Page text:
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 Growing Up

May 2015

I like not having a curfew and I like that if I go into certain bars at certain times I can get served alcohol. I like that I make my own money and I like going furniture shopping for my new apartment, and that I can vote for whoever I want next year and that if I felt so compelled, I could get a trampstamp.

And

I want to know how to buy a car, and how to do basic business math. I want to know how to write a resume and know what wines go with what foods, and when to use a comma and when to start a new sentence. I want to know what its like to be in love or to have to pay rent or to produce my own play or what its like to be able to afford the not-sale section at American Apparel.

But,

I hate that everything moves on, and I hate that I haven’t talked to anyone I graduated with. And I hate how boys who used to like you, like new girls and I hate that old friends make new friends who have the same name as you.  I hate that you eventually stop talking to the people who you once told everything to, and that “home” is a relative and terrifyingly temporary term.

I hate the commuter rail, I hate cleaning out the refrigerator, and I hate that my pediatrician has decided that she is done with me. I hate how I’m slowly starting to use Instagram wrong and that I can now see why I got C’s on high school papers even though at the time I thought I was handing in 2-pages-double-spaced (margins on fleek) of pure unedited, analytical, genius. I also hate how when someone asked me how old I was yesterday I said 20, even though I’m only 19, and I hate when people call songs from 2005 “old school” because “Gold Digger” still plays at clubs and Fall Out Boy is making a very lucrative comeback.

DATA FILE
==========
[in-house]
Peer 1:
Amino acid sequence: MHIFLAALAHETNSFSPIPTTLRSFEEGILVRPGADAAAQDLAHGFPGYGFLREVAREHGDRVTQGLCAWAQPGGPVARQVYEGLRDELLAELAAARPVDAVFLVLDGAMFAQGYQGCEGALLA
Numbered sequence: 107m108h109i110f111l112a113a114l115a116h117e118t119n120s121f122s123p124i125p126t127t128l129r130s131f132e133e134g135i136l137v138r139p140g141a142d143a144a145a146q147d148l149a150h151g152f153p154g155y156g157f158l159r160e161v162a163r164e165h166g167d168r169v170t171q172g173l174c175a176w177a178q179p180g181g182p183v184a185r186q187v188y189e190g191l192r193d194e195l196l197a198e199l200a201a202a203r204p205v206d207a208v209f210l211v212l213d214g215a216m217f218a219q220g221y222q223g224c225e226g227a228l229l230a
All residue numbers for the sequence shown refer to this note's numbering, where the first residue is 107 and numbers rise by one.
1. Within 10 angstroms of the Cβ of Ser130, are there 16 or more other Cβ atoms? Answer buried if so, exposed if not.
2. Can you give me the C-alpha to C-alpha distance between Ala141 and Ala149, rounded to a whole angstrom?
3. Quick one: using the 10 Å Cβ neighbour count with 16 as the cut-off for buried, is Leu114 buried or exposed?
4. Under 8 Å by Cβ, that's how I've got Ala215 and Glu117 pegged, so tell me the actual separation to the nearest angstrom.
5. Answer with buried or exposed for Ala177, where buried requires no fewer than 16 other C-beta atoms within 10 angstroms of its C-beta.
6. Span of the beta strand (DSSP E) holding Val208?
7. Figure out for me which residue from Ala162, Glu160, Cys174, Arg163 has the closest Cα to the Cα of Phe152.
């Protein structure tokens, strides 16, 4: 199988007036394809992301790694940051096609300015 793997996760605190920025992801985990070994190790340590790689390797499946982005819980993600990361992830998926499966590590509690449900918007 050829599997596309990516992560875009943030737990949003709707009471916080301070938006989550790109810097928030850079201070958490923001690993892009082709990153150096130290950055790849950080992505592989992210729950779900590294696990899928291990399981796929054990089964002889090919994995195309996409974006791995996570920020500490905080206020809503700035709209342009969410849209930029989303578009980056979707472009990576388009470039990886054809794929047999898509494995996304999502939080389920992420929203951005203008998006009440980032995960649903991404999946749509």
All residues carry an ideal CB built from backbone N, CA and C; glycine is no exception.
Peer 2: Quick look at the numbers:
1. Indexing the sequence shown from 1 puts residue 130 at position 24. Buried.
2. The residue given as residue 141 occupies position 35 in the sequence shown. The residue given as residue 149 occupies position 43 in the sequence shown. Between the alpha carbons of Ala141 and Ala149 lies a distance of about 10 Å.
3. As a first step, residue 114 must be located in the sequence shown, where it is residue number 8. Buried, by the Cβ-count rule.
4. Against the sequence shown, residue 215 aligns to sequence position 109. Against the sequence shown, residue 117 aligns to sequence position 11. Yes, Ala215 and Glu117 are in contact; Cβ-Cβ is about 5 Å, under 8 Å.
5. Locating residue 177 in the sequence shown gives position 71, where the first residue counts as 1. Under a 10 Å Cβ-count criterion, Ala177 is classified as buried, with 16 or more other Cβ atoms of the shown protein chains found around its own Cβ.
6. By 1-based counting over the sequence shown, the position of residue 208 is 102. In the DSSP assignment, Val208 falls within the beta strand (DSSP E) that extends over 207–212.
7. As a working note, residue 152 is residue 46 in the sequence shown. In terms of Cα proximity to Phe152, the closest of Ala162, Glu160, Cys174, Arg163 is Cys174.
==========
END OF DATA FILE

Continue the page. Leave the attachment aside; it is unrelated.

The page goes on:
I’m torn between wanting to be 30 and wanting to be 3. I want to be an adult, but at the same time I’m so obsessed with preserving the past. I write everything down—what I ate during the day, who I spent time with, how I was feeling, what I thought about, etc. If someone writes me a note I save it and label it and tuck it away in my journal and I do all of this because I don’t want to forget anything about what my life is like now. I have notebooks full of this stuff, like a personal history museum dedicated to me. It’s a little bit self-important and a little bit cute, don’t you think?

I look at pictures of myself from when I was a baby and it terrifies me that I don’t remember when they were taken. I get freaked out that the nose in those pictures is the exact same nose that I have now, and that the hands in those pictures are the same hands that I’m typing this with. I am that oversized 4 year-old, the toddler with cankles, the rosy, grubby, soft blonde kid in ruffle socks. The girl in those pictures is supposed to be the same girl that I am now, but how would I know that? I don’t remember what it was like to be three.

I wish I did.

I wish I could go back and talk to her—ask her what she wants to be when she grows up, what she thinks about, what she likes. For some reason, goofy-looking as she is, she seems wiser and more certain than I am. She knows her place in the world and she’s cool with it. I mean, she can eat a muffin and not worry about her daily calorie limit and she can tell her mom she loves her without feeling awkward. She can ask a question without wondering if she sounds stupid, and she doesn’t feel like she needs to apologize for being herself because she, in her heart of hearts, knows that she's cool.

I wonder if in 20 years, when I’m very nearly forty, if I’ll think the same thing about 20-year-old Molly as I do about 4-year-old Molly. I wonder if I’ll look back and appreciate my ignorance and uncertainty, or if I’ll laugh at it. I just don’t know.

I don’t like not knowing things.

I don’t like doing things when I don’t know if I’ll be good at them,

which is why I don’t like growing up all that much.